We English teachers only make up a small slice of the thousands of internationals who call Poland home. And don’t get me wrong, I love to hang out with fellow teachers and talk about our job, but being stuck in a bubble of ESL teachers gets boring sooner or later. The international bubble you’ll end up in living in Poland feels more like the breakroom at the United Nations Headquarters and less like the breakroom at your language school.
Living in Poland means making friends from all over the world.
Fellow English teachers, locals, and other internationals alike.
Nowhere in the world that I’ve lived have I felt more welcomed as an outsider than Poland. With foreigners being a relatively new thing for the country, the Poles haven’t yet lost their sense of curiosity when they meet outsiders, especially outside of the bigger cities.
“Why did you move to Poland?”
“Do you like living in Poland?”
“Have you learned any Polish? Do you want to practice with me?”“You’re an English teacher? That’s so cool! Can I practice with you?”
These are the questions us foreign teachers get every day. From students, from locals at the pub, everywhere.
Living in Poland, you’ll realize that most younger Poles not only can speak English, but are usually very happy and eager to practice. If you make an attempt to speak Polish (even the most basic attempt no matter how bad), you’ll notice that locals will be extremely, extremely impressed.
I can remember quite a few times when I’ve said “pszepraszam, nie mowie po polsku” (sorry, I don’t speak Polish) and have gotten a wide-eyed reaction that meant something like “Wow, did you just say a sentence in Polish correctly?!”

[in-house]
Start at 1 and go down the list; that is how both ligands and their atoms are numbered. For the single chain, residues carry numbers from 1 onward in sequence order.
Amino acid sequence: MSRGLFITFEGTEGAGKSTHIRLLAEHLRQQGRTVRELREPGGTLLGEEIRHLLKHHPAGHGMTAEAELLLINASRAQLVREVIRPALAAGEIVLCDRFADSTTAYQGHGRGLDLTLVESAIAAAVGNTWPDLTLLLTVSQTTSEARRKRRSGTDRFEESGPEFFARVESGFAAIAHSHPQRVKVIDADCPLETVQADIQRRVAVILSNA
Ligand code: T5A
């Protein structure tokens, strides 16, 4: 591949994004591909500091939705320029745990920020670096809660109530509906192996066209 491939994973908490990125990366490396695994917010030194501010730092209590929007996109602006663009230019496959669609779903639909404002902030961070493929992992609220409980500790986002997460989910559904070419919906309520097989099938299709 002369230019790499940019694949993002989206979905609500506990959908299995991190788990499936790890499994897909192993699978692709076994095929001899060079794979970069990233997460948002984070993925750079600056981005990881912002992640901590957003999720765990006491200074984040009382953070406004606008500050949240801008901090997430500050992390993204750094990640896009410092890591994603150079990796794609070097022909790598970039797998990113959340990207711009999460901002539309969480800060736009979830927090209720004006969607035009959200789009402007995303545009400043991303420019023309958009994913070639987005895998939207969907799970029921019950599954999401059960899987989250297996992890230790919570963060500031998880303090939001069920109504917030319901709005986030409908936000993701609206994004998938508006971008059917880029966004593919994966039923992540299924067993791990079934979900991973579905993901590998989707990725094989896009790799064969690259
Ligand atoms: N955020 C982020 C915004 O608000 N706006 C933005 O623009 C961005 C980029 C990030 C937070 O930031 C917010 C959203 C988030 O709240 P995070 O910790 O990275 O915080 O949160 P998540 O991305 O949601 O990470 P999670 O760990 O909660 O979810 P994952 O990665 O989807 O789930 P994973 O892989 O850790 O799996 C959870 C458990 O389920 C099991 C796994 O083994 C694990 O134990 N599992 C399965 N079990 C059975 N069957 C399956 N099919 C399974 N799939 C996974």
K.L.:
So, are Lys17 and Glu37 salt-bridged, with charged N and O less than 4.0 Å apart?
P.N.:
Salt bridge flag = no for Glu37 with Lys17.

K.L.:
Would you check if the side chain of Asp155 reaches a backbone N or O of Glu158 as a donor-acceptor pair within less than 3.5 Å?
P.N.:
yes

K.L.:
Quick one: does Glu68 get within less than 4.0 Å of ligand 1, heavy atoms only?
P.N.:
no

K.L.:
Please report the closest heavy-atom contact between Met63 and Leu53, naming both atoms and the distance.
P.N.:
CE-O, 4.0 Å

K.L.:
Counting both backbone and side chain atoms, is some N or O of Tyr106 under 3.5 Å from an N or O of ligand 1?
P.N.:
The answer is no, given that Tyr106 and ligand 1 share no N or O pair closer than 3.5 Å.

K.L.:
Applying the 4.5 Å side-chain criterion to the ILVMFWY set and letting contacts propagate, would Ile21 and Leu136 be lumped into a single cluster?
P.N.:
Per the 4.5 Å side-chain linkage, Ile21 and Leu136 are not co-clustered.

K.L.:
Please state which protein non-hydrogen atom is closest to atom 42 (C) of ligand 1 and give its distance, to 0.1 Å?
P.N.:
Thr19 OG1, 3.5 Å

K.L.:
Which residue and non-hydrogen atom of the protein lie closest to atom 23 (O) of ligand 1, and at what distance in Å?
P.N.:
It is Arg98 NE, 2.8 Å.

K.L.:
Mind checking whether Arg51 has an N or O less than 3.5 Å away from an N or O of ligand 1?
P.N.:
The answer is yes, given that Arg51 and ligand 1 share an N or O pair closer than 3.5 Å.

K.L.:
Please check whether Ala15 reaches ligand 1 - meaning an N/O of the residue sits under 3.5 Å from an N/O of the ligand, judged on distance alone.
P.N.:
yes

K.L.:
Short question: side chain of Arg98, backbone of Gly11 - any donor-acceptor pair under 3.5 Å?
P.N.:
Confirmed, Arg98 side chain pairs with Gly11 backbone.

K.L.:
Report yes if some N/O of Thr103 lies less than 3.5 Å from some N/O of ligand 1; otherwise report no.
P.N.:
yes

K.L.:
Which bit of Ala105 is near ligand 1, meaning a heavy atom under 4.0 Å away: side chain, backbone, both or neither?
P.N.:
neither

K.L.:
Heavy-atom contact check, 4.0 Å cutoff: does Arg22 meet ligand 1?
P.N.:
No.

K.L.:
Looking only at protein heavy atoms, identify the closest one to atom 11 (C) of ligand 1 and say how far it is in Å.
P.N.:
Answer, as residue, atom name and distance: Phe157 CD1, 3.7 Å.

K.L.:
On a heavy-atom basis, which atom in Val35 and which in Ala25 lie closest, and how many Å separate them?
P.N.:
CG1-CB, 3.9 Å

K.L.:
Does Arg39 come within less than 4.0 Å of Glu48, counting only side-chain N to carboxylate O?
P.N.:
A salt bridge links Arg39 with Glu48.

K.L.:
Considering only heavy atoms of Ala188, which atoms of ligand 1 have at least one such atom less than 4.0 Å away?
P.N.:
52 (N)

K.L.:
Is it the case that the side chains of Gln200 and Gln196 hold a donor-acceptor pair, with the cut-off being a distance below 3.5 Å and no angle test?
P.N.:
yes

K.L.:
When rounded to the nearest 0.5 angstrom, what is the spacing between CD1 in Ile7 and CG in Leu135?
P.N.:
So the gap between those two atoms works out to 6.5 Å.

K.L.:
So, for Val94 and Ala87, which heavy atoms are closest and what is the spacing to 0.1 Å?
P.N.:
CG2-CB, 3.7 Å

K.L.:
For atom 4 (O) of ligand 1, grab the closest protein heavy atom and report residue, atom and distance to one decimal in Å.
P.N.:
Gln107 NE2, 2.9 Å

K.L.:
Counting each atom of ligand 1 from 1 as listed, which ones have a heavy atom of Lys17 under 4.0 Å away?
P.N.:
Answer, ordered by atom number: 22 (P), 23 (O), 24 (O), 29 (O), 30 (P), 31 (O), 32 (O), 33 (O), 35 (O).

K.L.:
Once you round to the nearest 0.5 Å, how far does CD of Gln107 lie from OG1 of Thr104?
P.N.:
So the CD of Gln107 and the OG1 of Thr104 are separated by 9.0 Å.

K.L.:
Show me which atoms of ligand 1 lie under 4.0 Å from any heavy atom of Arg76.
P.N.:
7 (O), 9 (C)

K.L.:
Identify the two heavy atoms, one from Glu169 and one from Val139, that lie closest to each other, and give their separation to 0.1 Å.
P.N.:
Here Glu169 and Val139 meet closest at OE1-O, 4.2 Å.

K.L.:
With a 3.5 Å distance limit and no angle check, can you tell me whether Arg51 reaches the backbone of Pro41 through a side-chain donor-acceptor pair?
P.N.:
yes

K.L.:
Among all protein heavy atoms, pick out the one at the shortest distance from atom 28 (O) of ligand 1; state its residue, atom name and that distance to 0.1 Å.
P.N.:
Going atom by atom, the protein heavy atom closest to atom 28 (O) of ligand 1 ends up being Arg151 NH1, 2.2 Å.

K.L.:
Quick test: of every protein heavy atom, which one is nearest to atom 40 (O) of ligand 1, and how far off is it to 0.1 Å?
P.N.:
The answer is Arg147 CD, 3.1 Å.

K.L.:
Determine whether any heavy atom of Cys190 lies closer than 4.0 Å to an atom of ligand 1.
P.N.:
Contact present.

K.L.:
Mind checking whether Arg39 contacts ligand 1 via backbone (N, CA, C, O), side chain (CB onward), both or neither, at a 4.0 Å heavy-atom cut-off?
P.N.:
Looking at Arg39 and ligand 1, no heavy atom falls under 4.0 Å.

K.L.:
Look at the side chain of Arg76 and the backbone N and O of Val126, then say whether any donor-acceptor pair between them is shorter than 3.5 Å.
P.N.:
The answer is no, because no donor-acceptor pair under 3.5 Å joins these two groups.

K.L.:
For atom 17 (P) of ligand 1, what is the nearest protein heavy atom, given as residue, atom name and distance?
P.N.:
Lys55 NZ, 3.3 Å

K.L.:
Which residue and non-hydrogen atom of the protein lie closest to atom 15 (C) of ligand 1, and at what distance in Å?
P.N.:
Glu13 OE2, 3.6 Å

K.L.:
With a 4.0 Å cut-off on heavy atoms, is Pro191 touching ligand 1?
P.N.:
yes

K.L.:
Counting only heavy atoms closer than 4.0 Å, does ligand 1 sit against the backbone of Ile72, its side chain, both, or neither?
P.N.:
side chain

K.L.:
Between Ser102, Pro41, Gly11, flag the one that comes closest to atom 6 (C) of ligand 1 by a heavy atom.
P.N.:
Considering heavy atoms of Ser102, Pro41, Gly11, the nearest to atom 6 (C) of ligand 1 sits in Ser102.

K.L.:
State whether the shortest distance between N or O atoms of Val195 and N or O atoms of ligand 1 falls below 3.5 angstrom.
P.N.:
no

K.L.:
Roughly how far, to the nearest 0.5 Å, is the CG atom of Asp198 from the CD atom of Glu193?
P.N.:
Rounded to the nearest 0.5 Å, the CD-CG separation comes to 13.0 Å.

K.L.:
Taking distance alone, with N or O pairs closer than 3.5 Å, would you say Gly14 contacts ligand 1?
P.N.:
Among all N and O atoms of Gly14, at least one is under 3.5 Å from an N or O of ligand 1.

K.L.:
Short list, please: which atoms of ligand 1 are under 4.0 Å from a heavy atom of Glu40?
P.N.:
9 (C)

I can only dream about getting a reaction like that from Spaniards when I say “no hablo español” in Spain.
6. There’s a huge demand for English teachers – and not that many teachers yet!
Sure, not every foreigner in Poland is an English teacher, but that certainly doesn’t mean the country doesn’t need English teachers!
Since Poland was formally part of the Eastern Bloc, Poles over 35 did not learn English in school, and for the past decade have been working to catch up to the younger generation. While most younger Poles can speak a basic conversational level of English, fewer can speak at the professional level required to work at an international company, or to get a job overseas. More and more Poles are also seeing the value of teaching their kids English from a young age, and invest in sending kids to bilingual preschools or afterschool language centers to get them practice with native speakers.
Poland’s economic boom and influx of international companies making inroads into the country has created a demand to learn English that has been increasing exponentially over the past decade. Today there are over 1000 language schools in the country, a number which is increasing every year. And all must supply their students with English teachers.
Poland’s economic boom has lead to an unprecidented demand for English langauge education. Yet the country remains mostly under the radar for most aspiring teachers looking to teach abroad.
Despite the unprecedented level of demand for teachers, Poland hasn’t seen a huge surge of TEFL qualified native teachers arriving the way that Spain, Italy, France, and Czechia have. For whatever reason, Poland remains niche destination for young British and American teachers making their way to teach in Europe.
With a job market that clearly favors the teacher, coming to Poland as a TEFL qualified teacher means you’ll have a much more robust selection of jobs than you would in Western Europe. And much more leverage when negotiating your salary.
If you’ve never taught overseas before, this is likely much more important than you think. As teachers in Europe will almost always work on a freelance hourly basis, having more than one job offer available can be the difference between barely paying your rent versus living comfortably, traveling, and even saving a bit.
So there you have it! 6 reasons why you should consider Poland as your next destination to teach English in Europe.
Have you taught in Poland before? Leave a comment and let us know your experience!
Still looking to start your adventure and want to learn more? Check out our Program Options to see how to make this a reality.